Gov. Gretchen Whitmer
Rescission of certain executive orders
The novel coronavirus (COVID-19) is a respiratory disease that can result in serious illness or death. It is caused by a new strain of coronavirus not previously identified in humans and easily spread from person to person. There is currently no approved vaccine or antiviral treatment for this disease.
On March 10, 2020, the Department of Health and Human Services identified the first two presumptive-positive cases of COVID-19 in Michigan. On that same day, I issued Executive Order 2020-4. This order declared a state of emergency across the state of Michigan under section 1 of article 5 of the Michigan Constitution of 1963, the Emergency Management Act, 1976 PA 390, as amended (EMA), MCL 30.401 et seq., and the Emergency Powers of the Governor Act of 1945, 1945 PA 302, as amended (EPGA), MCL 10.31 et seq.
Since then, the virus spread across Michigan, bringing deaths in the thousands, confirmed cases in the tens of thousands, and deep disruption to this state’s economy, homes, and educational, civic, social, and religious institutions. On April 1, 2020, in response to the widespread and severe health, economic, and social harms posed by the COVID-19 pandemic, I issued Executive Order 2020-33. This order expanded on Executive Order 2020-4 and declared both a state of emergency and a state of disaster across the State of Michigan under section 1 of article 5 of the Michigan Constitution of 1963, the Emergency Management Act, and the Emergency Powers of the Governor Act of 1945. And on April 30, 2020, finding that COVID-19 had created emergency and disaster conditions across the State of Michigan, I issued Executive Order 2020-67 to continue the emergency declaration under the EPGA, as well as Executive Order 2020-68 to issue new emergency and disaster declarations under the EMA.
Those executive orders have been challenged in Michigan House of Representatives and Michigan Senate v. Whitmer. On May 21, 2020, the Court of Claims ruled that Executive Order 2020-67 is a valid exercise of authority under the Emergency Powers of the Governor Act but that Executive Order 2020-68 is not a valid exercise of authority under the Emergency Management Act. Both of those rulings are being challenged on appeal.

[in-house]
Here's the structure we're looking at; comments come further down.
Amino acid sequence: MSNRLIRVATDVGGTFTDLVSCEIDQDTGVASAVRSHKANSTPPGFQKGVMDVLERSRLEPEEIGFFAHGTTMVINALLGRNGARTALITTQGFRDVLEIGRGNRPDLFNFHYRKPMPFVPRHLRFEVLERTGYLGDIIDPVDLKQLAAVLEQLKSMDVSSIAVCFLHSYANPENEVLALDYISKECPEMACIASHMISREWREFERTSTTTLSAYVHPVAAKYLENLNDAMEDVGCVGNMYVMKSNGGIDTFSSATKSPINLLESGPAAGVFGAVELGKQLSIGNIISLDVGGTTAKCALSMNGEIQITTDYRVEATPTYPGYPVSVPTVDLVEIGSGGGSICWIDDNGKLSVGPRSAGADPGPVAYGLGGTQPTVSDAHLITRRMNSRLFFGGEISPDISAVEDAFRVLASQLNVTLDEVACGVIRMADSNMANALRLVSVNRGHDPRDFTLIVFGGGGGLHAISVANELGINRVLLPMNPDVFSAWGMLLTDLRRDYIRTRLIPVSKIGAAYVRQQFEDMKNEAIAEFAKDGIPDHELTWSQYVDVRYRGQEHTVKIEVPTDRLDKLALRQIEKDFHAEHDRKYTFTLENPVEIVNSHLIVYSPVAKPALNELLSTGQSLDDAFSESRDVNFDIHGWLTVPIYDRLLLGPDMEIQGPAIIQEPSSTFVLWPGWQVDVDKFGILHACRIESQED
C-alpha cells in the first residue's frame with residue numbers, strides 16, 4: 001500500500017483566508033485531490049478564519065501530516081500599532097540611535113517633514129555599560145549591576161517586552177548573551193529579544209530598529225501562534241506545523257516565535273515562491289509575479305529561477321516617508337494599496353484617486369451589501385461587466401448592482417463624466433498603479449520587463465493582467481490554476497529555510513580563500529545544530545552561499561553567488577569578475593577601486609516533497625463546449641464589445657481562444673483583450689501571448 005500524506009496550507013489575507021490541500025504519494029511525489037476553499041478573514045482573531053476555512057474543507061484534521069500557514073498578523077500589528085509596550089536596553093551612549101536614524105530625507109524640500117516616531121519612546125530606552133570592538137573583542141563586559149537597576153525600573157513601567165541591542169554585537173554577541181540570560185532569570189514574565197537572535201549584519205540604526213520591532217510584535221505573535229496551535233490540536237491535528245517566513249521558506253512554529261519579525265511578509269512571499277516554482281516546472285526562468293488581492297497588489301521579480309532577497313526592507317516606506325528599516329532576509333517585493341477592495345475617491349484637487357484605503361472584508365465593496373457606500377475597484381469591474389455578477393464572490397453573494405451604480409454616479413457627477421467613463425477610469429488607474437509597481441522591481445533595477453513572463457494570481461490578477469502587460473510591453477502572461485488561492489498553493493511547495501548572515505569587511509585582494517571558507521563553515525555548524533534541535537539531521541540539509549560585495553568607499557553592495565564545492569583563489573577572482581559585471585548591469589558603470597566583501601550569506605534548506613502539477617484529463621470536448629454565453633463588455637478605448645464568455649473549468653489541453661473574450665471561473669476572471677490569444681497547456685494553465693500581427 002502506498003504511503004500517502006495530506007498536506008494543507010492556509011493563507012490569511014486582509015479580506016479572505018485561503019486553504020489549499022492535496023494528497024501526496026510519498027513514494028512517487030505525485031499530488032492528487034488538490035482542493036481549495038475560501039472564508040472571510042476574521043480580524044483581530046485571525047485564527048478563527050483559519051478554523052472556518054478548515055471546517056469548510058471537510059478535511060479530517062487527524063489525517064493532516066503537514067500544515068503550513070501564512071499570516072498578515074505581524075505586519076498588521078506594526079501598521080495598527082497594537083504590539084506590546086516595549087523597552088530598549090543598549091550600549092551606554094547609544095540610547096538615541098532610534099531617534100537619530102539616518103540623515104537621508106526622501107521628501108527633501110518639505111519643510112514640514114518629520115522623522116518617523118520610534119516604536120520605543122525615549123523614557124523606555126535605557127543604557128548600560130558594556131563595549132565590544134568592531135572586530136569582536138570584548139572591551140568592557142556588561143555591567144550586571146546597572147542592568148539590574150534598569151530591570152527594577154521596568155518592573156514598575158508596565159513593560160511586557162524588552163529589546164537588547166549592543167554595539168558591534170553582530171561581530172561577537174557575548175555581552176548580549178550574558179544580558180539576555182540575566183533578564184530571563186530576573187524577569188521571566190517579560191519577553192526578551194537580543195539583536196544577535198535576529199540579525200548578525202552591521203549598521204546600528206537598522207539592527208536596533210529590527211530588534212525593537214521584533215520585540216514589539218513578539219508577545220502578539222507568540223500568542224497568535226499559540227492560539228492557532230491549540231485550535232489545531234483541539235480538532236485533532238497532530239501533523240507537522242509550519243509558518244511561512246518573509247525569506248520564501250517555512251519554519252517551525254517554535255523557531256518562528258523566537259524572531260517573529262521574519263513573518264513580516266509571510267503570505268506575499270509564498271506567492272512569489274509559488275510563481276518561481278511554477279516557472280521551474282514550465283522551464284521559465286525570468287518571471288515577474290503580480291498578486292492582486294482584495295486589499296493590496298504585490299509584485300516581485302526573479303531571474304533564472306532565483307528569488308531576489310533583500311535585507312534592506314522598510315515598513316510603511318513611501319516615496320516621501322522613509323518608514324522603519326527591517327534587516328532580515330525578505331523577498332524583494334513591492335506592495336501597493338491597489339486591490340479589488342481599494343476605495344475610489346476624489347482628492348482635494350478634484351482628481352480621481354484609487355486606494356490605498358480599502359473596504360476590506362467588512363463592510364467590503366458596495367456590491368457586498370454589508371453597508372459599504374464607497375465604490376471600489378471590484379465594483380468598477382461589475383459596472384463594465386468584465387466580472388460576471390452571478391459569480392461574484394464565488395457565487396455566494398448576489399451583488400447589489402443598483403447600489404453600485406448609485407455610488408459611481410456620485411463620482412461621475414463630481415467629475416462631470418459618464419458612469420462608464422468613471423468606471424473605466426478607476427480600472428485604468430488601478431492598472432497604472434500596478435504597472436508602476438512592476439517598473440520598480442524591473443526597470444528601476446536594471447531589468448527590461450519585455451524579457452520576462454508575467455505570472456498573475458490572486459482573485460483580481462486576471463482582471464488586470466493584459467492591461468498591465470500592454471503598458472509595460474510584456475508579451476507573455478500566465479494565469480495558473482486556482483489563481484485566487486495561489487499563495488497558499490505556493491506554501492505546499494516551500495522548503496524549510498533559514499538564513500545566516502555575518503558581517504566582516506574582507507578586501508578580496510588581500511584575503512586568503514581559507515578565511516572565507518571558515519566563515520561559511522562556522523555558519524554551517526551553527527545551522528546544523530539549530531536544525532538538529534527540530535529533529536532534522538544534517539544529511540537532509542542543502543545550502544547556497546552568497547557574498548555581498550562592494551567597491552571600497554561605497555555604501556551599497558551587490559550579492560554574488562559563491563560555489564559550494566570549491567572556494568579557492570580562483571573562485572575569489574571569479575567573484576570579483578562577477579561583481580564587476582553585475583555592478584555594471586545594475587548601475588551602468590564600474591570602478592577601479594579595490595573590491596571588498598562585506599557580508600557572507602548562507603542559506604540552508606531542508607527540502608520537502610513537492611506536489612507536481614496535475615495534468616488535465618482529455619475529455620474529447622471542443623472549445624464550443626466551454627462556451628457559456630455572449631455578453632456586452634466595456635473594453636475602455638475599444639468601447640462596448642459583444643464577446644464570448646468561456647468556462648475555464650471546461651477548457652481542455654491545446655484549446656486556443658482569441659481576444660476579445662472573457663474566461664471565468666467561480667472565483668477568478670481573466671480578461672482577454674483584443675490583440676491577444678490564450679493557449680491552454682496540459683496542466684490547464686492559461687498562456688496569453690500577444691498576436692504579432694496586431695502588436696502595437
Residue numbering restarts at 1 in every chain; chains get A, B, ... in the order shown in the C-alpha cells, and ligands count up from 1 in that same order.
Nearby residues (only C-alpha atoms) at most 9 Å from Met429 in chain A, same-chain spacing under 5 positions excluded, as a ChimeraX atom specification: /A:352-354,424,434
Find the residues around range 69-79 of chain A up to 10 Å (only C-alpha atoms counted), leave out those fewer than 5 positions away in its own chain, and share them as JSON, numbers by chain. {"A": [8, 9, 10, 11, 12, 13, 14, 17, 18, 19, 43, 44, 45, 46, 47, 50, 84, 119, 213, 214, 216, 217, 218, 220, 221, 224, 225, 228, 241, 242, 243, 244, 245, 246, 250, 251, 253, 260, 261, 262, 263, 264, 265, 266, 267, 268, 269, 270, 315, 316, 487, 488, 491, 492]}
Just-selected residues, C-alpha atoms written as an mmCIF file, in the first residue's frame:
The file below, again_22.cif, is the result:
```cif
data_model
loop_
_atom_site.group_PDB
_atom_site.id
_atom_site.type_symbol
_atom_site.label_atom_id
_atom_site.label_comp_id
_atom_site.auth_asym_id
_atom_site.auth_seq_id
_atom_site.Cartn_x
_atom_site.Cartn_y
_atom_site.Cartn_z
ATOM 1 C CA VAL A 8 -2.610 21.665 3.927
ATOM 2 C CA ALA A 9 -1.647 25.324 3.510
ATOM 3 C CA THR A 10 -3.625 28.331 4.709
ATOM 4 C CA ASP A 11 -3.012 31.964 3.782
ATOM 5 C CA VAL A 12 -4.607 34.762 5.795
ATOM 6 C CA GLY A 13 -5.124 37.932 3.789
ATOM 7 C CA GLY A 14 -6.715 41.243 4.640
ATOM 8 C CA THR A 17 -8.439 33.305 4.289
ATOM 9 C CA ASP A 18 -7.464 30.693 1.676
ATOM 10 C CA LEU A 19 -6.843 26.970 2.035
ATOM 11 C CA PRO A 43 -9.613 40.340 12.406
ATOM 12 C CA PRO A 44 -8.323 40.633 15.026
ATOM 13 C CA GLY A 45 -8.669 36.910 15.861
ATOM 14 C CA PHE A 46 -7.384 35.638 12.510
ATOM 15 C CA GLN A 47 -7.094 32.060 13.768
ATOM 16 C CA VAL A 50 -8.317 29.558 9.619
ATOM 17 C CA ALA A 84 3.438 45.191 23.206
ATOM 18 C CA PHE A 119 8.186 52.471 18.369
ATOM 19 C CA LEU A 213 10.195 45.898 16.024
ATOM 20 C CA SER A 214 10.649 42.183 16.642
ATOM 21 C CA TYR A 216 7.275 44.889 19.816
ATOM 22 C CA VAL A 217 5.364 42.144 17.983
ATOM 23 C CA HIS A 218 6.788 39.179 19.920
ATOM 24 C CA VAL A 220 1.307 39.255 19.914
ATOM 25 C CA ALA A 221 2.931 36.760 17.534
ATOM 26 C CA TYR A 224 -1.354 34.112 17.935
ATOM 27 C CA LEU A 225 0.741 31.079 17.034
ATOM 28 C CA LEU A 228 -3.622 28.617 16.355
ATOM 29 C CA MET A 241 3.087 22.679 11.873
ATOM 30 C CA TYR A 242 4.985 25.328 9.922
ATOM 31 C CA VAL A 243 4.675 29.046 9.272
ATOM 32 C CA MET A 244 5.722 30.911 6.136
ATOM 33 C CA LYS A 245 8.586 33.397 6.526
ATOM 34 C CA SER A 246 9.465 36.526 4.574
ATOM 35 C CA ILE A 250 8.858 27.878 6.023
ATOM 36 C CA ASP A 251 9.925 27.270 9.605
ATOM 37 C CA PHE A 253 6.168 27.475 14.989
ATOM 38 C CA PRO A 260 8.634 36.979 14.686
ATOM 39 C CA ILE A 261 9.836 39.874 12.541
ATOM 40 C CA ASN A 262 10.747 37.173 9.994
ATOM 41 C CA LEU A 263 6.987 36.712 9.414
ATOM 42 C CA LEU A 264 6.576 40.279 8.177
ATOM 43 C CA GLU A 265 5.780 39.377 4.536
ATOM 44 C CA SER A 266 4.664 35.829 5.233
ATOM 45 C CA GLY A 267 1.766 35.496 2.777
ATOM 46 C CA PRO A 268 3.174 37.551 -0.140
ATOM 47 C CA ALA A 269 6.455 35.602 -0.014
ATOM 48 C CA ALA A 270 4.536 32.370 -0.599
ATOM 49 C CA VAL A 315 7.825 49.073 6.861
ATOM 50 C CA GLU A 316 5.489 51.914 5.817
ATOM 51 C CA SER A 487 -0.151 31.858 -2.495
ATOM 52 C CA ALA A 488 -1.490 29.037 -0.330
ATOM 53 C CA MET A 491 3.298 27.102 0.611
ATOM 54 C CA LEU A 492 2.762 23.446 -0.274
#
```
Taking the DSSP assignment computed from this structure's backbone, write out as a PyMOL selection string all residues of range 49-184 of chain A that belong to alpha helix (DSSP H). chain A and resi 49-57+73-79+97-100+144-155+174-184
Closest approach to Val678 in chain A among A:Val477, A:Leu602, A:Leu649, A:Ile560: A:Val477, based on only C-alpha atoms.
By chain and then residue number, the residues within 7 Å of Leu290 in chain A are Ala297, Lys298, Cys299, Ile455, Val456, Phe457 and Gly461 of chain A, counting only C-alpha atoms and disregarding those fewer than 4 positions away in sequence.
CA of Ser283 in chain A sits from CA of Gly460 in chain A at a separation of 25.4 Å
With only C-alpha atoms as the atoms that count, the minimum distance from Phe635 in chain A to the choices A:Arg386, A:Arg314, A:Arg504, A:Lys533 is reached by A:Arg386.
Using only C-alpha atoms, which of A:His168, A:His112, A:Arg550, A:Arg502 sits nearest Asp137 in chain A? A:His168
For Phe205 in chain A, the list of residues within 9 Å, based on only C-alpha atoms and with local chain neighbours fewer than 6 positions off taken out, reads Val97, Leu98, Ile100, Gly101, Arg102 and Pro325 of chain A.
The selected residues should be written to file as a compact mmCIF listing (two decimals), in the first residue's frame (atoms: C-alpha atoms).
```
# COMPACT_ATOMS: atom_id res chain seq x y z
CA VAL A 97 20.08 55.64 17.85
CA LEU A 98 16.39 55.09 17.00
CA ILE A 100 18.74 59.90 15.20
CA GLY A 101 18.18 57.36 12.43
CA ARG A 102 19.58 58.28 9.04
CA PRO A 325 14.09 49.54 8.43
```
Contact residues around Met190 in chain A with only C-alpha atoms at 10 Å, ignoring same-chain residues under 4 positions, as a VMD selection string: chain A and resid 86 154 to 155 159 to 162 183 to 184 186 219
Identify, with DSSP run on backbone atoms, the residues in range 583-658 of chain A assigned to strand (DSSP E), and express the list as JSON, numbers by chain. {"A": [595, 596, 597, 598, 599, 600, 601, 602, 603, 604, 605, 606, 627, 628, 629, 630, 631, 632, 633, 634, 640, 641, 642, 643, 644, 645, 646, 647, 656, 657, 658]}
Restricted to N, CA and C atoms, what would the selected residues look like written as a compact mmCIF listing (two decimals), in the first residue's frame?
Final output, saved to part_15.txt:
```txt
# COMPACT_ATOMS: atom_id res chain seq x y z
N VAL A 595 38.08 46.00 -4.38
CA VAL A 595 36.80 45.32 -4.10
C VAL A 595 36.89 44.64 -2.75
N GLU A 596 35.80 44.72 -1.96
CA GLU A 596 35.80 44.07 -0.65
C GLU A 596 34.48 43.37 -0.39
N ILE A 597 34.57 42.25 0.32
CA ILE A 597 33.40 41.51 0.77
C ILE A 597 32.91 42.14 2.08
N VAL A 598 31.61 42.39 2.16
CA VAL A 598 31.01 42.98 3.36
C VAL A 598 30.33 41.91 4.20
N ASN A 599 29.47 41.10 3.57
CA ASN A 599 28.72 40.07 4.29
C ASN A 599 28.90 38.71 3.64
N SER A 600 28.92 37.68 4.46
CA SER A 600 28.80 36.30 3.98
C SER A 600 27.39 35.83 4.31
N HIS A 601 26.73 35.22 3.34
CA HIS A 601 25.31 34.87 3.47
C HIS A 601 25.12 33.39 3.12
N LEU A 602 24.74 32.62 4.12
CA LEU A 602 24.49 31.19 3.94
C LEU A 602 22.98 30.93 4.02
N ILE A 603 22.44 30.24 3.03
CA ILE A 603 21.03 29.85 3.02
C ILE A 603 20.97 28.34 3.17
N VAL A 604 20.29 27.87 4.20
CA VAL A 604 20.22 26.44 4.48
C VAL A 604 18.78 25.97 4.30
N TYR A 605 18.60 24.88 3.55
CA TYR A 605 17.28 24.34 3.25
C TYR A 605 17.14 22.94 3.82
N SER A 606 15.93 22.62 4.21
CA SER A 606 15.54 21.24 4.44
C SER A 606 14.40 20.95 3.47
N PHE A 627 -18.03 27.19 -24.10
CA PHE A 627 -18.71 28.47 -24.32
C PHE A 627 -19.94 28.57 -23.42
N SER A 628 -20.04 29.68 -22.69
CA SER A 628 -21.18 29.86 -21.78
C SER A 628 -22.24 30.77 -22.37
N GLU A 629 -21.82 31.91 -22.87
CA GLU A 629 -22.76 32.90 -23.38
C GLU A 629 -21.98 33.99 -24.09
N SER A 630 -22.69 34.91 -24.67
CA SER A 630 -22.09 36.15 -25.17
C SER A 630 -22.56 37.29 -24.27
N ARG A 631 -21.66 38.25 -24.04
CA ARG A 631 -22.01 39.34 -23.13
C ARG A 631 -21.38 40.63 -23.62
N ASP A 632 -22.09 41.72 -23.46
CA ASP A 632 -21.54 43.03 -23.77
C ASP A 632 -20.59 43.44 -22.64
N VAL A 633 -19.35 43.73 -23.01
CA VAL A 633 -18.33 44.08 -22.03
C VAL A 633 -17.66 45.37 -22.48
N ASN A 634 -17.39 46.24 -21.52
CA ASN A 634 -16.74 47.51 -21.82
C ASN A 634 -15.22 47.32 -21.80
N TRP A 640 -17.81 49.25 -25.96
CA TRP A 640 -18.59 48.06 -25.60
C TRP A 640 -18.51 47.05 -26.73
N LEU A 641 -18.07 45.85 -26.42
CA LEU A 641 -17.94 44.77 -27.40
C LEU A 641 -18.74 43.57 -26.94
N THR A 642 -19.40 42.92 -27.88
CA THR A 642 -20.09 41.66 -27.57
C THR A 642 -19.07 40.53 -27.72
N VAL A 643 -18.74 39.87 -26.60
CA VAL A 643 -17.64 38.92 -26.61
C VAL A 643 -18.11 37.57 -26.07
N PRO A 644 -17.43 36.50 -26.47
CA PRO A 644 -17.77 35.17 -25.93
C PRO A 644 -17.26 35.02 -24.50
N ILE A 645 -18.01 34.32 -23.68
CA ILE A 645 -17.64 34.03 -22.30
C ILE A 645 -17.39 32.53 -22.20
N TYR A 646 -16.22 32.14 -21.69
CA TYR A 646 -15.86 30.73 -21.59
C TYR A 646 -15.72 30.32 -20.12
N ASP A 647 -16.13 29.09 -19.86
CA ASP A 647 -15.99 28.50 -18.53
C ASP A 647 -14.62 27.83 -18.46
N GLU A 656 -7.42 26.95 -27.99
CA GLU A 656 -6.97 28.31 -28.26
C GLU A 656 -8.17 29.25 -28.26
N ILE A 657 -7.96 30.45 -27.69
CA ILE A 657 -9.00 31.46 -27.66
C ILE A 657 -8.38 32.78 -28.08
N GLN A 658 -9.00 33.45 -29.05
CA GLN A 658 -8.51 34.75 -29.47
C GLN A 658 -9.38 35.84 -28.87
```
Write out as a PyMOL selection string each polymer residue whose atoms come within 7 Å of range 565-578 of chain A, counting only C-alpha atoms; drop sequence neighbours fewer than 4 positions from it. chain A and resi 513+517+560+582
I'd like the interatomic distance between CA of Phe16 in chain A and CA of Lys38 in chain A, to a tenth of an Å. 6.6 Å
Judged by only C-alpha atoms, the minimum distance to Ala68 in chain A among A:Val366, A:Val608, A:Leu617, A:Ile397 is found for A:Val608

On May 22, 2020, I issued Executive Order 2020-99, again finding that the COVID-19 pandemic constitutes a disaster and emergency throughout the State of Michigan. That order constituted a state of emergency declaration under the Emergency Powers of the Governor Act of 1945. And, to the extent the governor may declare a state of emergency and a state of disaster under the Emergency Management Act when emergency and disaster conditions exist yet the legislature has declined to grant an extension request, that order also constituted a state of emergency and state of disaster declaration under that act.
Michigan’s emergency response has been effective in suppressing the spread of the COVID-19. The number of new confirmed cases each day has been steadily in decline, and the strain on our health care system’s operational capacity has relented. As a result of this progress, Michigan has been able to gradually resume in-person work and activities with certain safety measures in place. And on June 1, 2020, I issued Executive Order 2020-110, which moved the state to Stage 4 of the Michigan Safe Start Plan, terminating the requirement that Michiganders stay home unless critical work or activity to sustain or protect life requires it.
In light of this transition, the temporary extension of certain FOIA deadlines provided by Executive Order 2020-38 will no longer be necessary as soon as public bodies have an opportunity to plan for a return to normal FOIA response processes. And in light of the reduced strain on the state’s health care system, Executive Order 2020-39’s temporary relief from certain restrictions and requirements governing the provision of emergency medical services and Executive Order 2020-82’s temporary enhancements to the operational capacity and efficiency of health care facilities are no longer necessary.
Accordingly, acting under the Michigan Constitution of 1963 and Michigan law, I order the following:
Given under my hand and the Great Seal of the State of Michigan.
Date: June 3, 2020
Time: 11:58 am